# Why are atoms so different from one an another? [duplicate]

An atom is composed of a positively charge nucleus, with a cloud of electron(s) around it. But I can seem to understand the huge differences between 2 components that seem so close in terms of what they are made of.

I don't understand why adding one or 2 electrons, neutrons or protons, to get an other element, completely changes the behavior of said component.

## marked as duplicate by Bill N, Jon Custer, stafusa, John Rennie, YashasDec 13 '17 at 7:50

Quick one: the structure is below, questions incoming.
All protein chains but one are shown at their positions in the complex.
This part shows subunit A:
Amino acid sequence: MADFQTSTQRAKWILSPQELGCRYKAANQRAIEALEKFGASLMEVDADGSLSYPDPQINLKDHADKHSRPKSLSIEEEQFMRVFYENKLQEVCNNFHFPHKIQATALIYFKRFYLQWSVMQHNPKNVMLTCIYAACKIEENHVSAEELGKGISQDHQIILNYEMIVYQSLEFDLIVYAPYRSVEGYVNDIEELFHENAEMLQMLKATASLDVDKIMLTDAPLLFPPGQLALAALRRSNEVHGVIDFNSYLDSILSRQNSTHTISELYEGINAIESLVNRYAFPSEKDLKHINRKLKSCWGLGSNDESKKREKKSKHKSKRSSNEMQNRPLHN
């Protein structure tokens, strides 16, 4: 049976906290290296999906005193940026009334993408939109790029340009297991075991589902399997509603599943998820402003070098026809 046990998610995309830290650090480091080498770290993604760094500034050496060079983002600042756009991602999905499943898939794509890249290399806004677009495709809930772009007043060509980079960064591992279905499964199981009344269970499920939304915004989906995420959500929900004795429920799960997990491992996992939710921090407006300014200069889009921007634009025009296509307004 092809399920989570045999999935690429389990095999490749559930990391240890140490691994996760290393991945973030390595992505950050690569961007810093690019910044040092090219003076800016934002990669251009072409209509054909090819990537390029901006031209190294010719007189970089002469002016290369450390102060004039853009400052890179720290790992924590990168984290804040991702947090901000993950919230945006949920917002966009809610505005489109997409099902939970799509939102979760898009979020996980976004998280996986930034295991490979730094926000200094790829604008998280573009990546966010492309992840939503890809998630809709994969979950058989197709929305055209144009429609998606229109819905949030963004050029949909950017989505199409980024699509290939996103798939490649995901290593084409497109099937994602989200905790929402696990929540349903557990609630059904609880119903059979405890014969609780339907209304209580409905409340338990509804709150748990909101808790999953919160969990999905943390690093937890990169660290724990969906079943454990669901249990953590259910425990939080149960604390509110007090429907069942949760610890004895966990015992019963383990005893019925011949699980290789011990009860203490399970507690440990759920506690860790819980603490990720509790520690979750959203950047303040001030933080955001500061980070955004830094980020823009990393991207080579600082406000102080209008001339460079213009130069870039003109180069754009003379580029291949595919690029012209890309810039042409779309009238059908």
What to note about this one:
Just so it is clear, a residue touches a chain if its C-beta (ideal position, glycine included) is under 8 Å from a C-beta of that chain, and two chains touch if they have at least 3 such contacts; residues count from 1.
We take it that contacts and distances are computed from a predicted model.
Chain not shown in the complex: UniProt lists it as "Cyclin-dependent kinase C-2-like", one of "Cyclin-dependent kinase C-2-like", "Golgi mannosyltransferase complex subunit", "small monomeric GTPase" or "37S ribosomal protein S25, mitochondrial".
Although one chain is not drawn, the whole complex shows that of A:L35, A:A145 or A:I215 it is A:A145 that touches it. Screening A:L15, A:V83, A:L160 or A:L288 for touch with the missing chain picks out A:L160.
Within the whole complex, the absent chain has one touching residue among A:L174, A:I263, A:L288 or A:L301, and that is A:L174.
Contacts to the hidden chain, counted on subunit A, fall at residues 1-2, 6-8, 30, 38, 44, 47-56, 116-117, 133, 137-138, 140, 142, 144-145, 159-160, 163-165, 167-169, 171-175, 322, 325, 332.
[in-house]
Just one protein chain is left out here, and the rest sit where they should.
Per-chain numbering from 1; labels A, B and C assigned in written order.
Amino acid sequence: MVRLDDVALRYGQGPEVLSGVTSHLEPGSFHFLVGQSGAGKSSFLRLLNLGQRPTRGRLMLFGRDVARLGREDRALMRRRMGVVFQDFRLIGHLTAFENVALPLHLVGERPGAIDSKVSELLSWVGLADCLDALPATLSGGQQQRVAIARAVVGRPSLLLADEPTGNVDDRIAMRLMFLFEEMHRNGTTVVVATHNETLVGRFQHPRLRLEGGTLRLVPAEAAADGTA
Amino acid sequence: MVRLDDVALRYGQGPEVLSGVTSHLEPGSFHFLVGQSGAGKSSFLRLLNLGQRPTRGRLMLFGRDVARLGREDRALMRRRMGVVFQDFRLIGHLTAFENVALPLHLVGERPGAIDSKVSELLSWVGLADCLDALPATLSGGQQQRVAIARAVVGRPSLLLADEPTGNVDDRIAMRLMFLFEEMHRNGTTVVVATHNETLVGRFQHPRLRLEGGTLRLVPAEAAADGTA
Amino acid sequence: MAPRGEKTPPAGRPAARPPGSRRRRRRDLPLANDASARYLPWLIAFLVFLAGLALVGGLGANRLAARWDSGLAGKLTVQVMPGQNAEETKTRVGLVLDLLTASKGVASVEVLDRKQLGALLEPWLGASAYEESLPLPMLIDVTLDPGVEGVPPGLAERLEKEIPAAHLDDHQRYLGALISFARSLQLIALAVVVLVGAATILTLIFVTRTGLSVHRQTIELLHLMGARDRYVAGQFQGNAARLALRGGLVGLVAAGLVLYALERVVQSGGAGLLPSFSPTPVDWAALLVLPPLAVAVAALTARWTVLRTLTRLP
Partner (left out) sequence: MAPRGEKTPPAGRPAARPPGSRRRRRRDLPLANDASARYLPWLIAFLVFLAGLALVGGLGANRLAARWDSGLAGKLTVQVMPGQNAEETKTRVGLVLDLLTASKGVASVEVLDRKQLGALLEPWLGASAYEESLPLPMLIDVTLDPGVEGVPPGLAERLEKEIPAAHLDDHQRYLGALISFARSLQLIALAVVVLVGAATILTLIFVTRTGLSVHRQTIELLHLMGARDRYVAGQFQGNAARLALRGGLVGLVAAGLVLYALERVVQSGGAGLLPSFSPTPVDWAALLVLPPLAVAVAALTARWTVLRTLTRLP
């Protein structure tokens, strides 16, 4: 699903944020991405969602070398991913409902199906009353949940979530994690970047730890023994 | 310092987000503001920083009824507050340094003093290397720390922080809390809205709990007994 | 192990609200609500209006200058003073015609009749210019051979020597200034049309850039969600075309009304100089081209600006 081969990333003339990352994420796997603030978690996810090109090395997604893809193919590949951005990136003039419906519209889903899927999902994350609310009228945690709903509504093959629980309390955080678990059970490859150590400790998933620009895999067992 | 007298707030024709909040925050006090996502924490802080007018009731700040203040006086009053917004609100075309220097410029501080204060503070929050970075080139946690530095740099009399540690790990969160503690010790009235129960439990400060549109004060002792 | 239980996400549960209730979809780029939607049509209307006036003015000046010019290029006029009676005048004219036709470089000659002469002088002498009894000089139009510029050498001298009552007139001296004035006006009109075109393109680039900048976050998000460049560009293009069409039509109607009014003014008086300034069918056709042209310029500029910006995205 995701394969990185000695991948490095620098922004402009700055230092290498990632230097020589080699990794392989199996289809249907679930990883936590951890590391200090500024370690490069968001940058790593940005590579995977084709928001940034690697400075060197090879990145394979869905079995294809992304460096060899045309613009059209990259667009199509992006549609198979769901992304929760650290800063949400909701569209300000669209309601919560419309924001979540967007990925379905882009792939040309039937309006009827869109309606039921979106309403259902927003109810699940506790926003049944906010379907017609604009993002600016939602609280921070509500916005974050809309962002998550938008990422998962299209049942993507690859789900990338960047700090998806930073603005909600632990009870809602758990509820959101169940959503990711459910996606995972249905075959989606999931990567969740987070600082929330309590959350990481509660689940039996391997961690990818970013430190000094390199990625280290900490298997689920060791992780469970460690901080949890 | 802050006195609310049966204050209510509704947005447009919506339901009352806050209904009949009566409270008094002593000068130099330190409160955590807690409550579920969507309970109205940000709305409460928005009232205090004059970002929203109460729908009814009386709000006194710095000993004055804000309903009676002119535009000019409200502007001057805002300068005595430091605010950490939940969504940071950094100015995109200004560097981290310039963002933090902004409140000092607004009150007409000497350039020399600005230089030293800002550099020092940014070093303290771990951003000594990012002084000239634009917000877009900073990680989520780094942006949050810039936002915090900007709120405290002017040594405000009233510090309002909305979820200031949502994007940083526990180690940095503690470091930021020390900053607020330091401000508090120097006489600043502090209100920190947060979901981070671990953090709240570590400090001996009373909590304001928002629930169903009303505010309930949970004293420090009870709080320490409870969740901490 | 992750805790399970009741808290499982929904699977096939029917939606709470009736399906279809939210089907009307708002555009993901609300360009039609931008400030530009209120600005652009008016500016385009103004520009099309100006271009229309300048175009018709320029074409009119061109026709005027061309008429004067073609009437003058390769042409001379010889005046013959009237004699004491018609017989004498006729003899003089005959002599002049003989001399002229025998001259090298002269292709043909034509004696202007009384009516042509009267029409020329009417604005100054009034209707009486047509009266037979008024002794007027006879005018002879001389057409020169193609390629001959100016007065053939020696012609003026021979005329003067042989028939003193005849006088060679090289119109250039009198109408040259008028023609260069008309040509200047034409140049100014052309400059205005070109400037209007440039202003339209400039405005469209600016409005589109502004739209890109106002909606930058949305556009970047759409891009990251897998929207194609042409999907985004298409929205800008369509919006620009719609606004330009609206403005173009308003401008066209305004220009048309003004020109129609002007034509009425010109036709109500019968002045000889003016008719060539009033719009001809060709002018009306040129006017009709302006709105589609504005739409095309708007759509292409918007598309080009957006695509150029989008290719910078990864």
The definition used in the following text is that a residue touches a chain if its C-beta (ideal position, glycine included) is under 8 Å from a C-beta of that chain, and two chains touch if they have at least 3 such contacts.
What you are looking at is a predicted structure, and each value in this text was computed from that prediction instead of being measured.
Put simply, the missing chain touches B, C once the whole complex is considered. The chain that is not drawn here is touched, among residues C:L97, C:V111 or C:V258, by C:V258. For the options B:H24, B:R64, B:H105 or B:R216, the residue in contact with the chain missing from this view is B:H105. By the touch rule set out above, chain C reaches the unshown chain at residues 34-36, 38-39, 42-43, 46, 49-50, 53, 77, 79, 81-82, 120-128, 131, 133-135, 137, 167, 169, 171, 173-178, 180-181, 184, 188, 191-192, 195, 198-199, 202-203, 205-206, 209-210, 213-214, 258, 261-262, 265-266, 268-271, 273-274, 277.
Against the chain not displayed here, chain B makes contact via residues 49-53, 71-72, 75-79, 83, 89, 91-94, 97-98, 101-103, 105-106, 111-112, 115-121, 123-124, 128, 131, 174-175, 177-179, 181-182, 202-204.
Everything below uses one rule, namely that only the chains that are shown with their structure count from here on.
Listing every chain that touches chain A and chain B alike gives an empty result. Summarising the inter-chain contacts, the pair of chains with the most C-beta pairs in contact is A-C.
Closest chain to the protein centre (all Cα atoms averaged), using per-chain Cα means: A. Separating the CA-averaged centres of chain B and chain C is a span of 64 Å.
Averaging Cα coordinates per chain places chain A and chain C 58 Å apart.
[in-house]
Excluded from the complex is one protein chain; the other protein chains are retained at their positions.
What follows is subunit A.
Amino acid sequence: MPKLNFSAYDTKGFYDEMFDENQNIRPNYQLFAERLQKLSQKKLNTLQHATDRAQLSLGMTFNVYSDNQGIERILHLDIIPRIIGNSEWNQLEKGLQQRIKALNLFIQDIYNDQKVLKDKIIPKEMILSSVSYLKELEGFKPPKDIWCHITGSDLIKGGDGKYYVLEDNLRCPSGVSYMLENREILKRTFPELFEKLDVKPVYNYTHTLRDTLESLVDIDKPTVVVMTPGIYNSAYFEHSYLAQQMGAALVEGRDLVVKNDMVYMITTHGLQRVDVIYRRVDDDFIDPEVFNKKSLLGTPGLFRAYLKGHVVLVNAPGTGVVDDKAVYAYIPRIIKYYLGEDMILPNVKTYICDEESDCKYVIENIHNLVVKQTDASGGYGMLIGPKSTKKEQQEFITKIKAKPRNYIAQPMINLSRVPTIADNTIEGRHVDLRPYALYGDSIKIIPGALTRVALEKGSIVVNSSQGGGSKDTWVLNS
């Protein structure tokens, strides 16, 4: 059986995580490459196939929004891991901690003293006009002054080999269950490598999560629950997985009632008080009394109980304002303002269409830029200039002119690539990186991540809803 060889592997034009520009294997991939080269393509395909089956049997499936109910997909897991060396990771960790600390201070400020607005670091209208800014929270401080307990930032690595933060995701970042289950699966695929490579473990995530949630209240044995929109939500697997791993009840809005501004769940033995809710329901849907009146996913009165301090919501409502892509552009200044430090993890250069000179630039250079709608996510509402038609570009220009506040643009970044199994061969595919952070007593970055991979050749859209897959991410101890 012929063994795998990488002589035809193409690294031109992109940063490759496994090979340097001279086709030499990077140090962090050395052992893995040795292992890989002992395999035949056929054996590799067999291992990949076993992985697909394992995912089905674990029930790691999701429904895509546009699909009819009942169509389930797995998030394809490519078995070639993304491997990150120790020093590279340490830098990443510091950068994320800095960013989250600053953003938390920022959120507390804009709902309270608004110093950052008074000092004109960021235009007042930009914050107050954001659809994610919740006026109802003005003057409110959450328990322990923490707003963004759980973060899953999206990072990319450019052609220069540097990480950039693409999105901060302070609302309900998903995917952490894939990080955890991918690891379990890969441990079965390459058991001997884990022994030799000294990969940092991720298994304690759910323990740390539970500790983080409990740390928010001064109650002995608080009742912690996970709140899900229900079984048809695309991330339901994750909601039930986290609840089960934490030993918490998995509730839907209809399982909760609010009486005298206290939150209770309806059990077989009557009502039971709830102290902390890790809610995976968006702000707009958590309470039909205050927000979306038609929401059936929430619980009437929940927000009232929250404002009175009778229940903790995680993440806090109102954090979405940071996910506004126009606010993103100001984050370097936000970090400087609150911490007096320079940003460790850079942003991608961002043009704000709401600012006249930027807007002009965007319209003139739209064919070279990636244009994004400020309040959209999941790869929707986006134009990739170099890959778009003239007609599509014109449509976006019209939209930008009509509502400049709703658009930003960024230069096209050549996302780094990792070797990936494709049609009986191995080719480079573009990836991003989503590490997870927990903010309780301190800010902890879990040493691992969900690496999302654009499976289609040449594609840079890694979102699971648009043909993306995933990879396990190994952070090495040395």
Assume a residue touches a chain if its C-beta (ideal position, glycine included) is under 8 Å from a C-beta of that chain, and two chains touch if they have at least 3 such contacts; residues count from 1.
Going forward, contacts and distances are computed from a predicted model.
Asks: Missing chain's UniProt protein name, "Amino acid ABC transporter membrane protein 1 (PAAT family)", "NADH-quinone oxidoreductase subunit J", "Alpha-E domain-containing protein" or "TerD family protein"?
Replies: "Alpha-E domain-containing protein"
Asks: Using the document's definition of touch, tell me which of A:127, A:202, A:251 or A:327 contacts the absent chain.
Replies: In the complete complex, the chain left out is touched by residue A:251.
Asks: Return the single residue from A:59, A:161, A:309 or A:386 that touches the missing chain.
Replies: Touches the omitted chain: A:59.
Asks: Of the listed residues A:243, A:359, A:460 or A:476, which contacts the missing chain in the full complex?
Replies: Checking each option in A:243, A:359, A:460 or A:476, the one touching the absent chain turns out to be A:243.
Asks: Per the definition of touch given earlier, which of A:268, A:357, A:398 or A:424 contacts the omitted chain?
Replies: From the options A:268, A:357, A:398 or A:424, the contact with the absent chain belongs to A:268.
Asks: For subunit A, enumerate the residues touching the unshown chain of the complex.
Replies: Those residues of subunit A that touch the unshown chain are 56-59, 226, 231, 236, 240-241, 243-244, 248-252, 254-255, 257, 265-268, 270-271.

• @Goremant Neon has 8 outer electrons, saturating the $2s$ and $2p$ subshells against covalent bond formation, whereas fluorine has one fewer electron and can change that by forming a covalent bond that lets it share another electron originating from some other atom. – J.G. Dec 12 '17 at 22:04